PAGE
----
Comparison of Exception Handling in C++ and Java

Both languages use try, catch and throw keywords for exception handling, and meaning of try, catch and free blocks is also same in both languages. Following are the differences between Java and C++ exception handling.

1) In C++, all types (including primitive and pointer) can be thrown as exception. But in Java only throwable objects (Throwable objects are instances of any subclass of the Throwable class) can be thrown as exception. For example, following type of code works in C++, but similar code doesn’t work in Java.

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#include <iostream>
using namespace std;
int main() 
{
   int x = -1; 
  
   // some other stuff   
   try {
      // some other stuff 
      if( x < 0 )
      {
         throw x;
      }   
   }
   catch (int x ) {
      cout << "Exception occurred: thrown value is " << x << endl;
   }
   getchar();
   return 0;
}

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Output:
Exception occurred: thrown value is -1



2) In C++, there is a special catch called “catch all” that can catch all kind of exceptions.

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#include <iostream>
using namespace std;
int main() 
{
   int x = -1; 
   char *ptr;
     
   ptr = new char[256];
     
   // some other stuff   
   try {
      // some other stuff 
      if( x < 0 )
      {
         throw x;
      }      
      if(ptr == NULL)
      {
         throw " ptr is NULL ";
      }   
   }
   catch (...) // catch all
   {
      cout << "Exception occurred: exiting "<< endl;
      exit(0);
   }
     
   getchar();
   return 0;
}

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Output:
Exception occurred: exiting

In Java, for all practical purposes, we can catch Exception object to catch all kind of exceptions. Because, normally we do not catch Throwable(s) other than Exception(s) (which are Errors)



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catch(Exception e){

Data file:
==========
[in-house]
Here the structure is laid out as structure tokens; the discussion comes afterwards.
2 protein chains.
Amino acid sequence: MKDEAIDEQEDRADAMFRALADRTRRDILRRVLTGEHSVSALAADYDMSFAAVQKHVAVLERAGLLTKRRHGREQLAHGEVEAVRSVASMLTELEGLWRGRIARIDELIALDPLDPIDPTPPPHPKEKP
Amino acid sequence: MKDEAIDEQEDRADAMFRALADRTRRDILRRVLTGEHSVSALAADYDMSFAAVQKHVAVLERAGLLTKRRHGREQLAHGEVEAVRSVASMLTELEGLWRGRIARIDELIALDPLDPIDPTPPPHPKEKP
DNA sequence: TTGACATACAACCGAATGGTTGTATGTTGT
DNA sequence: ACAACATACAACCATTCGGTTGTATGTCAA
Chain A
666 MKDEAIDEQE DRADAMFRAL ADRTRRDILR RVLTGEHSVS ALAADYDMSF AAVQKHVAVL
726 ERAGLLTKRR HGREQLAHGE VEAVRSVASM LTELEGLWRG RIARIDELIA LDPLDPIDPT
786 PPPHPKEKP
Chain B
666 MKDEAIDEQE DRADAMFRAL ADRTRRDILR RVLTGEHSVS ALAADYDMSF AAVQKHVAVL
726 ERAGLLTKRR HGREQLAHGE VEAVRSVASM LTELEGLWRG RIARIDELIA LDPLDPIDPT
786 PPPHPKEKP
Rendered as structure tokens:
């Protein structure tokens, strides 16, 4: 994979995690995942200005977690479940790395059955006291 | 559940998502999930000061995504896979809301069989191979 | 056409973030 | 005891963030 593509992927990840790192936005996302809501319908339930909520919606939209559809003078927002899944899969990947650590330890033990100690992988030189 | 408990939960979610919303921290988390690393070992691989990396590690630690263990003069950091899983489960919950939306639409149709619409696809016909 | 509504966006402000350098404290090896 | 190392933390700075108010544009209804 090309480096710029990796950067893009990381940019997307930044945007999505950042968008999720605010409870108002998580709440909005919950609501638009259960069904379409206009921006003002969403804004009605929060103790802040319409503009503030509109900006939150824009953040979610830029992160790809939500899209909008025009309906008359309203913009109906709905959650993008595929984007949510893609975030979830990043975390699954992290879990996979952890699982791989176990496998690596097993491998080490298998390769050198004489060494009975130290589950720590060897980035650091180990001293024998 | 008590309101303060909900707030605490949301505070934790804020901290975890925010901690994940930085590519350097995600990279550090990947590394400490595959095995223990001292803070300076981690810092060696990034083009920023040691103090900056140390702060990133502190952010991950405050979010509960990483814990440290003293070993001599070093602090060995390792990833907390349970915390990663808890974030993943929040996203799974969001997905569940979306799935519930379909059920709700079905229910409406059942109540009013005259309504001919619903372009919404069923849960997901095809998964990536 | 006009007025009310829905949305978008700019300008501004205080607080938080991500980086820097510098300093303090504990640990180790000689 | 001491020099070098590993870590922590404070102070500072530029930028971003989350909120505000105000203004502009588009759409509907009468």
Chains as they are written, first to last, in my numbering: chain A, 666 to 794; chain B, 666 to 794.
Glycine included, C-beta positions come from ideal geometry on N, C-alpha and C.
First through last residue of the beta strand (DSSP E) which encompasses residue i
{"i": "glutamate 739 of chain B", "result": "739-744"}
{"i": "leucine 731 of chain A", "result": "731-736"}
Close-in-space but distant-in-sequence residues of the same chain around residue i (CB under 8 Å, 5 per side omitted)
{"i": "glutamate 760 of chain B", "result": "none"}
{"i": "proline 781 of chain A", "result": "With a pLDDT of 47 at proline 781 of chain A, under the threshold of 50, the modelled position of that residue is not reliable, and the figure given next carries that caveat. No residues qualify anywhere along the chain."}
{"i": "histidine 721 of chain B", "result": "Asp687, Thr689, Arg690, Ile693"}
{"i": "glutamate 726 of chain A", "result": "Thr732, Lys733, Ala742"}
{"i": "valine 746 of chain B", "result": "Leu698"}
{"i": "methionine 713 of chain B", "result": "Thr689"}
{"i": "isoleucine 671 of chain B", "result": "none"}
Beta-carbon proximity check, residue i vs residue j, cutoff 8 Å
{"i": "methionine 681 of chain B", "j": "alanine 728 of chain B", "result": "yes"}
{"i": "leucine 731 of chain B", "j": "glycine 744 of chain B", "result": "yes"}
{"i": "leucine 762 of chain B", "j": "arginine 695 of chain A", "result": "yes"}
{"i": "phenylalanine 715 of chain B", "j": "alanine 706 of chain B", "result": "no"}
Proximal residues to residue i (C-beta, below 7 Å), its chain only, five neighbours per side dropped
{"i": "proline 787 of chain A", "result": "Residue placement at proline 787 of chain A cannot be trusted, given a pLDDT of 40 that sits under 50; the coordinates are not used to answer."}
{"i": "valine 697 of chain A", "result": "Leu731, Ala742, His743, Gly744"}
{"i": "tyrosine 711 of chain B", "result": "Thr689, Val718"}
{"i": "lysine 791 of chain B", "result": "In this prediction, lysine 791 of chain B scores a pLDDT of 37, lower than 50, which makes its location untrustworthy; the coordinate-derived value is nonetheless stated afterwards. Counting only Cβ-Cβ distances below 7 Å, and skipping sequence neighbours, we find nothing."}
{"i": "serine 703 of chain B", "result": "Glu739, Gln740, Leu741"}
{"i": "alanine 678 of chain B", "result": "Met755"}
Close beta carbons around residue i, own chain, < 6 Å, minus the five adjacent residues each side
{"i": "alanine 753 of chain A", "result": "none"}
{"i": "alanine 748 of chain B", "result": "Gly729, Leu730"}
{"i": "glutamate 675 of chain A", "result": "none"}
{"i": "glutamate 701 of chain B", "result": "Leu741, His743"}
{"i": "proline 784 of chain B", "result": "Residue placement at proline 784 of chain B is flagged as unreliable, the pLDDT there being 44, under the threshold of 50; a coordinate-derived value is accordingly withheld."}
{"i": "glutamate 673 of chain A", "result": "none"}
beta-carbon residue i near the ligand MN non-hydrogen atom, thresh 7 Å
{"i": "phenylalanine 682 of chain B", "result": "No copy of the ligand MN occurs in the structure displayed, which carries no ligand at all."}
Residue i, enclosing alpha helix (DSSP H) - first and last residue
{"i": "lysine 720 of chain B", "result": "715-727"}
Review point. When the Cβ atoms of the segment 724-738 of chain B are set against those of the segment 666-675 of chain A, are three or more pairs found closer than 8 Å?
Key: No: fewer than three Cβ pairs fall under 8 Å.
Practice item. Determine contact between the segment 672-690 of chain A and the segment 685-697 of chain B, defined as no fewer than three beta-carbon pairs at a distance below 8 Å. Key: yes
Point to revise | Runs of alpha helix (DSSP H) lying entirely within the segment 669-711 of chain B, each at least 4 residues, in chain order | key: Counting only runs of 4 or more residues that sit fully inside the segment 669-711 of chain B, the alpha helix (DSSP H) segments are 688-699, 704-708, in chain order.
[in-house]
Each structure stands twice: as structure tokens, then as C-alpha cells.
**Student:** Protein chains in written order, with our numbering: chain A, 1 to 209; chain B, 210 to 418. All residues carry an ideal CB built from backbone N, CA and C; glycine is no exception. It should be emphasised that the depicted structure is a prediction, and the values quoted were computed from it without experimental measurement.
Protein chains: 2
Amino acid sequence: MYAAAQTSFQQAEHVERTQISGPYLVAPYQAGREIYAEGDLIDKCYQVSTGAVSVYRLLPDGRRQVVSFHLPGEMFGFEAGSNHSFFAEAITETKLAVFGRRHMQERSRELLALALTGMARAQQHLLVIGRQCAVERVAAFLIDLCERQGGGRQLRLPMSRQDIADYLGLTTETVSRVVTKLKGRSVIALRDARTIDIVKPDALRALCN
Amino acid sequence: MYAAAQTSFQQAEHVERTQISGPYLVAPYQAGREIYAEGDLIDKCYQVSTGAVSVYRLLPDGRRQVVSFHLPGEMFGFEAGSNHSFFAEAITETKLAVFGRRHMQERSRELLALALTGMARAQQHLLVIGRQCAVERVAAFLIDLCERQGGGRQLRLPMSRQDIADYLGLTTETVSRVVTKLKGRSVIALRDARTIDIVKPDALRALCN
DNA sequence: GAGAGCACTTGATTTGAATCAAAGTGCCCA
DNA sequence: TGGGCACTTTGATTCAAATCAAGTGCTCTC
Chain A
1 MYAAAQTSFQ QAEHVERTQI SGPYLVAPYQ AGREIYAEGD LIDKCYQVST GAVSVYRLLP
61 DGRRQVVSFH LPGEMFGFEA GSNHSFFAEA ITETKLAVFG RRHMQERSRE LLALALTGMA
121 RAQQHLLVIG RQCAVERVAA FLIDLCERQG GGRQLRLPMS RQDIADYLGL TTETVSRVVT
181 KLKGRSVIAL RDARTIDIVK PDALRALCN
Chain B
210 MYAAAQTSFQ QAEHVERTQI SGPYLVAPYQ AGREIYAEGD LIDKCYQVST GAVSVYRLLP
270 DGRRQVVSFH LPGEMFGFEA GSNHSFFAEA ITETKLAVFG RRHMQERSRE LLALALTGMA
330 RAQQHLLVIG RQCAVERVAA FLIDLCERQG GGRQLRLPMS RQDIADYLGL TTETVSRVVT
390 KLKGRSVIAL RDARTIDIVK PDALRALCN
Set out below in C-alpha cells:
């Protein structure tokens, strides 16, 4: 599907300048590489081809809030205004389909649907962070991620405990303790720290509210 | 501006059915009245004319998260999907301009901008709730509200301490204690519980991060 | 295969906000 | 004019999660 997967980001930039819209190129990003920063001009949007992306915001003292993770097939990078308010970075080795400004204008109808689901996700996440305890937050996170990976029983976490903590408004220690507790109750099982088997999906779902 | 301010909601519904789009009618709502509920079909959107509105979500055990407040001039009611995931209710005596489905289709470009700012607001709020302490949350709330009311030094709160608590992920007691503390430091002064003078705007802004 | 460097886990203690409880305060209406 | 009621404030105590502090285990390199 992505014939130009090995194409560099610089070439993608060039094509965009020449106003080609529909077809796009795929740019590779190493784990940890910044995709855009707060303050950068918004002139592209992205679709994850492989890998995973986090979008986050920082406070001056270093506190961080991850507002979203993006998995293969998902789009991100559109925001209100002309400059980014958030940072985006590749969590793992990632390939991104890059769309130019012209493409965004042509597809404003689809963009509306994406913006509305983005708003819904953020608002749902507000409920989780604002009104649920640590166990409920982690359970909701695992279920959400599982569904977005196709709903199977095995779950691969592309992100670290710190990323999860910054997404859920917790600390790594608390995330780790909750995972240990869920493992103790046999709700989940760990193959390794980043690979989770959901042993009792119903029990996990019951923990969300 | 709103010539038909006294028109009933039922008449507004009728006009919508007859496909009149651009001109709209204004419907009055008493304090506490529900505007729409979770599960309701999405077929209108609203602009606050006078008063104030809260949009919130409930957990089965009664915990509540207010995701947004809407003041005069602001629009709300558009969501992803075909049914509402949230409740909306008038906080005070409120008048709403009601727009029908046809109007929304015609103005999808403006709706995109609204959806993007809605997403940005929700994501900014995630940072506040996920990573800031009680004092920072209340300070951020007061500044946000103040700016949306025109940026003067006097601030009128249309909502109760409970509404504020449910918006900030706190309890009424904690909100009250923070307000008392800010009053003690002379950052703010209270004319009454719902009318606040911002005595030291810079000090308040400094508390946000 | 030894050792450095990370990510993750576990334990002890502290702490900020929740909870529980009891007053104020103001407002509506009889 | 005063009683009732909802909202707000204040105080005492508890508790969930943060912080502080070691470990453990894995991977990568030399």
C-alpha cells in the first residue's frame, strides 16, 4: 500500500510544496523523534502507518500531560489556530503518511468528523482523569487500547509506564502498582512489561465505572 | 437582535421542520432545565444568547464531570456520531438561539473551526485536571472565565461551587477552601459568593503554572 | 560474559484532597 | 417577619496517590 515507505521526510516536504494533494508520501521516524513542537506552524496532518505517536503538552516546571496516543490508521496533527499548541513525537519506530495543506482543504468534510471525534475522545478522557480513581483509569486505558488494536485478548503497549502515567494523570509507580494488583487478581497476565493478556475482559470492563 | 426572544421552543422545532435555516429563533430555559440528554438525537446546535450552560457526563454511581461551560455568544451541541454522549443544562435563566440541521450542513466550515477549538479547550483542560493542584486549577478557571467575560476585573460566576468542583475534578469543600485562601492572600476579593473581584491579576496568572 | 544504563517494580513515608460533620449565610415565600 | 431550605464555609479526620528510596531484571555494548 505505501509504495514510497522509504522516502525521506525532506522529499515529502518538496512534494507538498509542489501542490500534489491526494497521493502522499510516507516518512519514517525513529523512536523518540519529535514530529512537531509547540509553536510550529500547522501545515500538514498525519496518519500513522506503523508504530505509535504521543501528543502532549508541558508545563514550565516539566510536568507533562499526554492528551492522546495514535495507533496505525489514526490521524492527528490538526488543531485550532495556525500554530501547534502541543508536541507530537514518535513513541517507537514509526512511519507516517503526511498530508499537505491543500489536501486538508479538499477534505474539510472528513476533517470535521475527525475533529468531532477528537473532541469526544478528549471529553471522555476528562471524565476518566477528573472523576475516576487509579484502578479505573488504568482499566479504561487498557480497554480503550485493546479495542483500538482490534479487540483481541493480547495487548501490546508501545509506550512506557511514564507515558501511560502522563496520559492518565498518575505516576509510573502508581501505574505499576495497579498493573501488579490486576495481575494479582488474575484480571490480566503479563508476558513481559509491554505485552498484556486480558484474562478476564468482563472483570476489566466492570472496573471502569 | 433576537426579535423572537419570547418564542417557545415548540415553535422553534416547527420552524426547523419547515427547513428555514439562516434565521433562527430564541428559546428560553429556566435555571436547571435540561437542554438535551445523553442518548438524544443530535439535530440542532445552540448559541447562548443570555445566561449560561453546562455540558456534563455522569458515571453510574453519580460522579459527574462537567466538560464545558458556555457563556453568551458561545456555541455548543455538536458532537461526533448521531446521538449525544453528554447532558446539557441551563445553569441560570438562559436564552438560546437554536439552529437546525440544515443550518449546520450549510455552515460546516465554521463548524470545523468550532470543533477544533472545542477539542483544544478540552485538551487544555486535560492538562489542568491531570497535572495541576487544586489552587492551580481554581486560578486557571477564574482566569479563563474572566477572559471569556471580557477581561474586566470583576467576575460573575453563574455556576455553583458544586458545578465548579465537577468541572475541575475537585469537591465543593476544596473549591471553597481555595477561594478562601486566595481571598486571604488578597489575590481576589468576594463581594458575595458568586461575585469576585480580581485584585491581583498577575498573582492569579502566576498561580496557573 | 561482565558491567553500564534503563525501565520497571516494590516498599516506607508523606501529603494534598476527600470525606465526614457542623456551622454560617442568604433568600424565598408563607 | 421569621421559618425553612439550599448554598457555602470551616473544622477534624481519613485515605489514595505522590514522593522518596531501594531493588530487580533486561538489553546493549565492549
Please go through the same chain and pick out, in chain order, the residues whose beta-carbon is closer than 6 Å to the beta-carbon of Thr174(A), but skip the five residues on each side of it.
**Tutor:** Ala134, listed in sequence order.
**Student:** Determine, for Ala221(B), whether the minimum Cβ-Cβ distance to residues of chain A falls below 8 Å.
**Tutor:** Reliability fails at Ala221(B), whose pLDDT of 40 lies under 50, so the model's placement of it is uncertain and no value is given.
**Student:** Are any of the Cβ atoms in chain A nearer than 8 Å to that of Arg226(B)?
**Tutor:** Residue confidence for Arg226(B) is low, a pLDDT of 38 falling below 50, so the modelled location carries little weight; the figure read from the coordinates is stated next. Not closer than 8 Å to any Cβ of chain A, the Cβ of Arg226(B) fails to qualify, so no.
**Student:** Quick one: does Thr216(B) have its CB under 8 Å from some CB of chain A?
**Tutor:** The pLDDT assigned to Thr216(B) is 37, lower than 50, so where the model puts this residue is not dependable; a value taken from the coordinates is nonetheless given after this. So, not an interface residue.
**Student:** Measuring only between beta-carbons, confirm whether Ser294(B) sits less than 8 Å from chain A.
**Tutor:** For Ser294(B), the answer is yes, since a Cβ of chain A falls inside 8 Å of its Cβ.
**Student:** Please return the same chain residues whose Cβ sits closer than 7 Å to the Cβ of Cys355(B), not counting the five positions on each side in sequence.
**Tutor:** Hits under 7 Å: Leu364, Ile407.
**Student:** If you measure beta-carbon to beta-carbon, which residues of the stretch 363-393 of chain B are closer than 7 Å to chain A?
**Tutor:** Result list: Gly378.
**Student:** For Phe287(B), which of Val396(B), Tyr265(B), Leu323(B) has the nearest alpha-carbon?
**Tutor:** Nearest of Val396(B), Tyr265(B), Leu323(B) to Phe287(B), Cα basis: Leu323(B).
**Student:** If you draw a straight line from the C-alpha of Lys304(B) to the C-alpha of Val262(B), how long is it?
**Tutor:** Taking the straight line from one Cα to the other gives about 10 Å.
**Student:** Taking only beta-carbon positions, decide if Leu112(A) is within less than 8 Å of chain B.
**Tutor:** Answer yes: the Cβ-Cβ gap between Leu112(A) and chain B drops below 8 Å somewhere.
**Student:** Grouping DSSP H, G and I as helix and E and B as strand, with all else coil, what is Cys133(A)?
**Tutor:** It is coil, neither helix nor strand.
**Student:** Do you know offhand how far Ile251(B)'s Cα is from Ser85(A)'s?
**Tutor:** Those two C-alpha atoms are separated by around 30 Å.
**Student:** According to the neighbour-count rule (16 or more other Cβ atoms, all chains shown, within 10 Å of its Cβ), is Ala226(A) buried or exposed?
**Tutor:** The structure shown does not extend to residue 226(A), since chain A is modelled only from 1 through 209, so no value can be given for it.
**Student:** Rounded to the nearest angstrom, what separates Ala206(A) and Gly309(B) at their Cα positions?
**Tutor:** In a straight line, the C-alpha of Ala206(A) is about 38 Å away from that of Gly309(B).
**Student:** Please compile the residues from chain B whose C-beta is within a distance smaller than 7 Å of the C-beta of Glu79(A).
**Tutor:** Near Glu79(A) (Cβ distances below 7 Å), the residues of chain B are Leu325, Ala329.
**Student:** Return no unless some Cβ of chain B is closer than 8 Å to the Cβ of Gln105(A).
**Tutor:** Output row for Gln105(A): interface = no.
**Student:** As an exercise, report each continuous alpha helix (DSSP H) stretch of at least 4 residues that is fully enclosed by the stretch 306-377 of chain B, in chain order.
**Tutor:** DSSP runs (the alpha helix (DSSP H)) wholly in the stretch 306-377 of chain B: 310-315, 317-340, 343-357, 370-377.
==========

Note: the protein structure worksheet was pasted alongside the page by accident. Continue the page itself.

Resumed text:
…….
}

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3) In Java, there is a block called finally that is always executed after the try-catch block. This block can be used to do cleanup work. There is no such block in C++.

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// creating an exception type
class Test extends Exception { }
  
class Main {
   public static void main(String args[]) {
  
      try {
         throw new Test();
      }
      catch(Test t) {
         System.out.println("Got the Test Exception");
      }
      finally {
         System.out.println("Inside finally block ");
      }
  }
}

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Output:

Got the Test Exception
Inside finally block



4) In C++, all exceptions are unchecked. In Java, there are two types of exceptions – checked and unchecked. See this for more details on checked vs Unchecked exceptions.



5) In Java, a new keyword throws is used to list exceptions that can be thrown by a function. In C++, there is no throws keyword, the same keyword throw is used for this purpose also.



6) In C++ if the exception isn’t caught then the exception handling subsystem calls the function unexpected(), which terminates the program or an application abnormally. If any exception arise in our C++ program then finding that particular exception is very time consuming because in C++ unexpected() did not tell us that which type and on which line the exception has occurred. For more details on unexpected() refer this.

But in Java if the system generated exception isn’t caught then the java runtime system(JVM) handover the exception object to the default exception handler, which basically prints the name,description and on which line the exception has occurred. So in Java finding and handling the exception is easier than the C++ language. For more details on default exception handler refer this.

Please write comments if you find anything incorrect, or you want to share more information about the topic discussed above.

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